What helps hot flashes: Think your hot flashes away
Simply wishing your hot flashes weren’t real won’t work, but a double-blind, controlled study (the best kind) found that using a mental technique called cognitive behavioral therapy was effective at diminishing both hot flashes and night sweats. CBT is a simple type of psychological therapy you can do on your own that works by challenging negative thoughts and replacing them with more positive ones. In this case the women were taught to change their beliefs about how well they could cope with and control their hot flashes. Sound too simple to work? The researchers reported that CBT worked significantly regardless of a participant’s age, body mass index, menopause status, or psychological factors. Don’t miss these other early warning signs of perimenopause.
What helps hot flashes: Set up your ideal sleep situation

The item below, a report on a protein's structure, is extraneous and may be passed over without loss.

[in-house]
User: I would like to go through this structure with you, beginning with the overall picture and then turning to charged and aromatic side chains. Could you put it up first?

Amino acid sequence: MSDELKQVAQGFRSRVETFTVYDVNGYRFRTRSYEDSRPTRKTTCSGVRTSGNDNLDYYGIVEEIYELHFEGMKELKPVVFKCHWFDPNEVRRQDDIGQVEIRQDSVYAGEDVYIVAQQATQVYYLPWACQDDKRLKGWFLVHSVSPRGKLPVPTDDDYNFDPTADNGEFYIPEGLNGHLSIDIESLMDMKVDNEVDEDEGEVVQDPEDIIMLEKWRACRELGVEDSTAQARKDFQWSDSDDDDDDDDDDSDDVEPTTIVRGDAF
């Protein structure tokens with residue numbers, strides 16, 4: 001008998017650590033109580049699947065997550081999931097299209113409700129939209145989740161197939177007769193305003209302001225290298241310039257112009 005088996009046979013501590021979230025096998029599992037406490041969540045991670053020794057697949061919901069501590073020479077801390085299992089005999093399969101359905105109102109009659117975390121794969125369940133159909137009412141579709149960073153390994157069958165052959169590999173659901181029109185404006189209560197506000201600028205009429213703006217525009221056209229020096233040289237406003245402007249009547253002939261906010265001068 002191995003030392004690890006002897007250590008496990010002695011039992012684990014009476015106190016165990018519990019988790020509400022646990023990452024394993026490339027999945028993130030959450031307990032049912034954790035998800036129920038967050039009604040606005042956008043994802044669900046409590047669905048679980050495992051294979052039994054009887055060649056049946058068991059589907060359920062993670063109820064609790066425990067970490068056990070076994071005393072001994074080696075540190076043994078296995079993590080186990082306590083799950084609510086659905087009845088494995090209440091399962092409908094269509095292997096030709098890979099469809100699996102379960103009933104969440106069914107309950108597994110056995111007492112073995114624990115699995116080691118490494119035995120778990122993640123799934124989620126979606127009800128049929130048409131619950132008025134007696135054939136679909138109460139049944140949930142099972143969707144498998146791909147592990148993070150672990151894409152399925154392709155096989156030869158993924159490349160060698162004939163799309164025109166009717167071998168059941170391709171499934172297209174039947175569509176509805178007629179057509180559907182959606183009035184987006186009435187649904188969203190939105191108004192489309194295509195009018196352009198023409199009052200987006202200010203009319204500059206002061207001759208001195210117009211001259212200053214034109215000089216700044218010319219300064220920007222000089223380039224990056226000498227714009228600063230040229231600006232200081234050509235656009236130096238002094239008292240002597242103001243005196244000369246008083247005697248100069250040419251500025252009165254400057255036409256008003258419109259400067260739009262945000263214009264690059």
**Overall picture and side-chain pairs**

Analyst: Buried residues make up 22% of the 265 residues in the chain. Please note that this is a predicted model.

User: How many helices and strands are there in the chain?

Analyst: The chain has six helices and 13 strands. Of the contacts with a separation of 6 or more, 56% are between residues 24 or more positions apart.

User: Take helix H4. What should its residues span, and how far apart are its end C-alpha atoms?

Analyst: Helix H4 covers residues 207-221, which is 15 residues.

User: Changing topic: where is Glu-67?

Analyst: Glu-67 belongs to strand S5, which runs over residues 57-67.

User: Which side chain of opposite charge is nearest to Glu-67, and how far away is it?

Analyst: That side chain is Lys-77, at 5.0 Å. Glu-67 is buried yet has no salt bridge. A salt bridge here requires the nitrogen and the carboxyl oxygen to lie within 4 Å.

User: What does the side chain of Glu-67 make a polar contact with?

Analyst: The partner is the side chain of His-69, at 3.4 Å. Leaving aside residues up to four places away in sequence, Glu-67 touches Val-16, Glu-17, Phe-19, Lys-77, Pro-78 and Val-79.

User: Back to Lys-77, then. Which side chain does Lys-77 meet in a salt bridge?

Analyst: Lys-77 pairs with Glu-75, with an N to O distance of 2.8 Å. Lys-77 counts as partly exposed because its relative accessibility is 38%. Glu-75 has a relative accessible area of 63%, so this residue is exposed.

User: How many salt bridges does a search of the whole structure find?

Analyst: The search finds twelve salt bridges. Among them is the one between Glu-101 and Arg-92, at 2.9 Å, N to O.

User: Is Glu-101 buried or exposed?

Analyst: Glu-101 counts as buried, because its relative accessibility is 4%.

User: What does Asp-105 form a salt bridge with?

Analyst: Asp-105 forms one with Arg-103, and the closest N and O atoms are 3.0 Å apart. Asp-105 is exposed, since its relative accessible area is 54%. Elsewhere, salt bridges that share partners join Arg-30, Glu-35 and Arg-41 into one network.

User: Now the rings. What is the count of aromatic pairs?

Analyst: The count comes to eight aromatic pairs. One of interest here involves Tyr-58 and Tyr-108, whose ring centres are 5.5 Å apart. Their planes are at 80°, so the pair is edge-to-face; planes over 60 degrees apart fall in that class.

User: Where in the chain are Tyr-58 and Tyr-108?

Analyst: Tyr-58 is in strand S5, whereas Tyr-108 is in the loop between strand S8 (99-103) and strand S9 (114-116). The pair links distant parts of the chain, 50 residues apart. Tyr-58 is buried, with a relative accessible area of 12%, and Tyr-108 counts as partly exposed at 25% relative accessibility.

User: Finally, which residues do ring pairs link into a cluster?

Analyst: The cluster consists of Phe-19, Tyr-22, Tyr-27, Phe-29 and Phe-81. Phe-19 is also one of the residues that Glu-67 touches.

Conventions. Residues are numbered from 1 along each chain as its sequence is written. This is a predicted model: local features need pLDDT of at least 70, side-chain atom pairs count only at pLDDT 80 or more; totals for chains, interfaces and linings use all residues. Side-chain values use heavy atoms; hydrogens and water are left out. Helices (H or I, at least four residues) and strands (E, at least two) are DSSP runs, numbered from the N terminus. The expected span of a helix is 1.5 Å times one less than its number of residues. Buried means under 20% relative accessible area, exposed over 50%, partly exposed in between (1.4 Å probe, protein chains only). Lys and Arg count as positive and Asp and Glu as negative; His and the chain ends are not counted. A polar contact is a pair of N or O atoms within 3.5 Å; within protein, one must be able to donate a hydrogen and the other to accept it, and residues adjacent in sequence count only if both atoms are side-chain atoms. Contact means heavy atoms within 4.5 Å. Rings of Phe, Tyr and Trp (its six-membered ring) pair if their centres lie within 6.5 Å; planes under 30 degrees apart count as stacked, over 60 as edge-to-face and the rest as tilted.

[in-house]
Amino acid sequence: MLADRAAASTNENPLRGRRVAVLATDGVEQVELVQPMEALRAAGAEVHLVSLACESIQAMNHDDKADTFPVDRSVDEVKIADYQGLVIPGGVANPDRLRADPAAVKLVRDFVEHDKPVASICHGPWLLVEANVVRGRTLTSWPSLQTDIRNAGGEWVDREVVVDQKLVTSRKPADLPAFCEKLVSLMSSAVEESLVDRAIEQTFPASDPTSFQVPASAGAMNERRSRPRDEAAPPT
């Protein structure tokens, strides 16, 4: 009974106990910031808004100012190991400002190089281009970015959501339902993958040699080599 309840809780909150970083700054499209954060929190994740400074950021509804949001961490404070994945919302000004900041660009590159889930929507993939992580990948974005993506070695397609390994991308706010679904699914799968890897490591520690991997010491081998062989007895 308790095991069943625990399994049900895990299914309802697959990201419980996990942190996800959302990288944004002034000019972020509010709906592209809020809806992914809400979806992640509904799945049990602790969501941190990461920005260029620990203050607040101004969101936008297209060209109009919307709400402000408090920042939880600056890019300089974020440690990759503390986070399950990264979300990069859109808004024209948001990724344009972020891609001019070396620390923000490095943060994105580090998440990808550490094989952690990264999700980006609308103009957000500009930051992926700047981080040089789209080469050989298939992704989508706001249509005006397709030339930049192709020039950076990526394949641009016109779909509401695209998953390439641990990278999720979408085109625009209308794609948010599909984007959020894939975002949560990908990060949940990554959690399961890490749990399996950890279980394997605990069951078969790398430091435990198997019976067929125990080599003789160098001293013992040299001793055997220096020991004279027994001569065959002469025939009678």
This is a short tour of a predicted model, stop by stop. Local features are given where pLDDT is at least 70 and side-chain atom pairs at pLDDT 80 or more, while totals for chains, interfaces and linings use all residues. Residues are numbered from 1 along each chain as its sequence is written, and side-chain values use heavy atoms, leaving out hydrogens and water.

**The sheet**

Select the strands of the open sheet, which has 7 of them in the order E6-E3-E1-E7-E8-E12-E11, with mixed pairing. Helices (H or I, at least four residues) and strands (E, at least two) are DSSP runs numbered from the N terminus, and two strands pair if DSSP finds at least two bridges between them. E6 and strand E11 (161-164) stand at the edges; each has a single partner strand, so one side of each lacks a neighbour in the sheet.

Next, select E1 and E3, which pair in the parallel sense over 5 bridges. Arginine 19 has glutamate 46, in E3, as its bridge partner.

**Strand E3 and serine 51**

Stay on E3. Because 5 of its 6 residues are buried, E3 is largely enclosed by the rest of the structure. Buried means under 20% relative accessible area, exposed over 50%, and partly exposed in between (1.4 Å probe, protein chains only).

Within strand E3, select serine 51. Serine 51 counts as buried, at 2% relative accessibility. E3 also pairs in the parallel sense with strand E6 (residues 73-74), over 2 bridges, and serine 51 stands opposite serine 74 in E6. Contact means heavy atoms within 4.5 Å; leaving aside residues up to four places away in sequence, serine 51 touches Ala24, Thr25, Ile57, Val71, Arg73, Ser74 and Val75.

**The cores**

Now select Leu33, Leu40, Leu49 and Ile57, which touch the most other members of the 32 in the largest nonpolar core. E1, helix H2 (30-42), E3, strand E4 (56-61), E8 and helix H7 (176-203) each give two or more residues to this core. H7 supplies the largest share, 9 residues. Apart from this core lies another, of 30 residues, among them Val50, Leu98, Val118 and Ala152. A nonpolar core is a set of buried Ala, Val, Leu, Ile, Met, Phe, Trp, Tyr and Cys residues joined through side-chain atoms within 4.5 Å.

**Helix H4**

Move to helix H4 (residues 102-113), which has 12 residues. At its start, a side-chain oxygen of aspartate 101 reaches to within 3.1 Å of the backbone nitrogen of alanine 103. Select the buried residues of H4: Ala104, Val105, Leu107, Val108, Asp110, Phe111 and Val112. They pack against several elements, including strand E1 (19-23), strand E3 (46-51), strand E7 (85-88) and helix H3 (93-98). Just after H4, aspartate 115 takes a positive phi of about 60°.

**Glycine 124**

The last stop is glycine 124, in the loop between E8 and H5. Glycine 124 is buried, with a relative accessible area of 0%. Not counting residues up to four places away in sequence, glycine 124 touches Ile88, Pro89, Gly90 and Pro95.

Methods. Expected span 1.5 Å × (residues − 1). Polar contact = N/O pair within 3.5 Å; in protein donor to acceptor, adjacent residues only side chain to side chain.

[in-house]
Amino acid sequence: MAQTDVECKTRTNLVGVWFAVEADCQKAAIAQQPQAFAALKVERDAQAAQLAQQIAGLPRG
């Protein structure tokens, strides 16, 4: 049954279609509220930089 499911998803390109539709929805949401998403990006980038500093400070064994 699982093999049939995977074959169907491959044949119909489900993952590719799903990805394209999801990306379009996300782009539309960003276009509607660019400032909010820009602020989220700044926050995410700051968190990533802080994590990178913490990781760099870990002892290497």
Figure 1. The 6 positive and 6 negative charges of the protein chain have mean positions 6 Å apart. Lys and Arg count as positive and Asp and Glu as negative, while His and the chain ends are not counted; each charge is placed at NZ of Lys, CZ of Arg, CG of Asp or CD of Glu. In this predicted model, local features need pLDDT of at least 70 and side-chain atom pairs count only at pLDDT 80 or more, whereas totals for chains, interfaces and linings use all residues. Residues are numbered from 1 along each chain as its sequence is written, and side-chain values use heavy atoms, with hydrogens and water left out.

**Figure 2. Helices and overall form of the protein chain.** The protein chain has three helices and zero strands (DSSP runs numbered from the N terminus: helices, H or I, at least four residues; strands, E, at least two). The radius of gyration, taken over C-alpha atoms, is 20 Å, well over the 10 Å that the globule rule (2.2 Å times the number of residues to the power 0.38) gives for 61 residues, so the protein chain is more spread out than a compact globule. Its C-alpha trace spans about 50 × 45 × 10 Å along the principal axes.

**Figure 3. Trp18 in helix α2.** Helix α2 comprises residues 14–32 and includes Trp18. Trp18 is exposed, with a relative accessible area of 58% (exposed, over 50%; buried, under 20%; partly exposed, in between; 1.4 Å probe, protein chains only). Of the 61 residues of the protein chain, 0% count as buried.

Hot flashes and night sweats can wake women up as often as every hour, leaving them a sweaty, shaky, tired mess the next day, according to the Sleep Lab at UCLA. Unsurprisingly, this can make women grouchy and depressed. But while you may not be able to stop your hot flashes, practicing good “sleep hygiene” can reduce them. The researchers recommend keeping your room cool at night; avoiding hot showers or baths at least two hours before bed; eating a small bedtime snack, preferably one rich in vitamin E like almonds; and ditching caffeine, alcohol, and sugar. Here are other tips from sleep doctors to sleep better.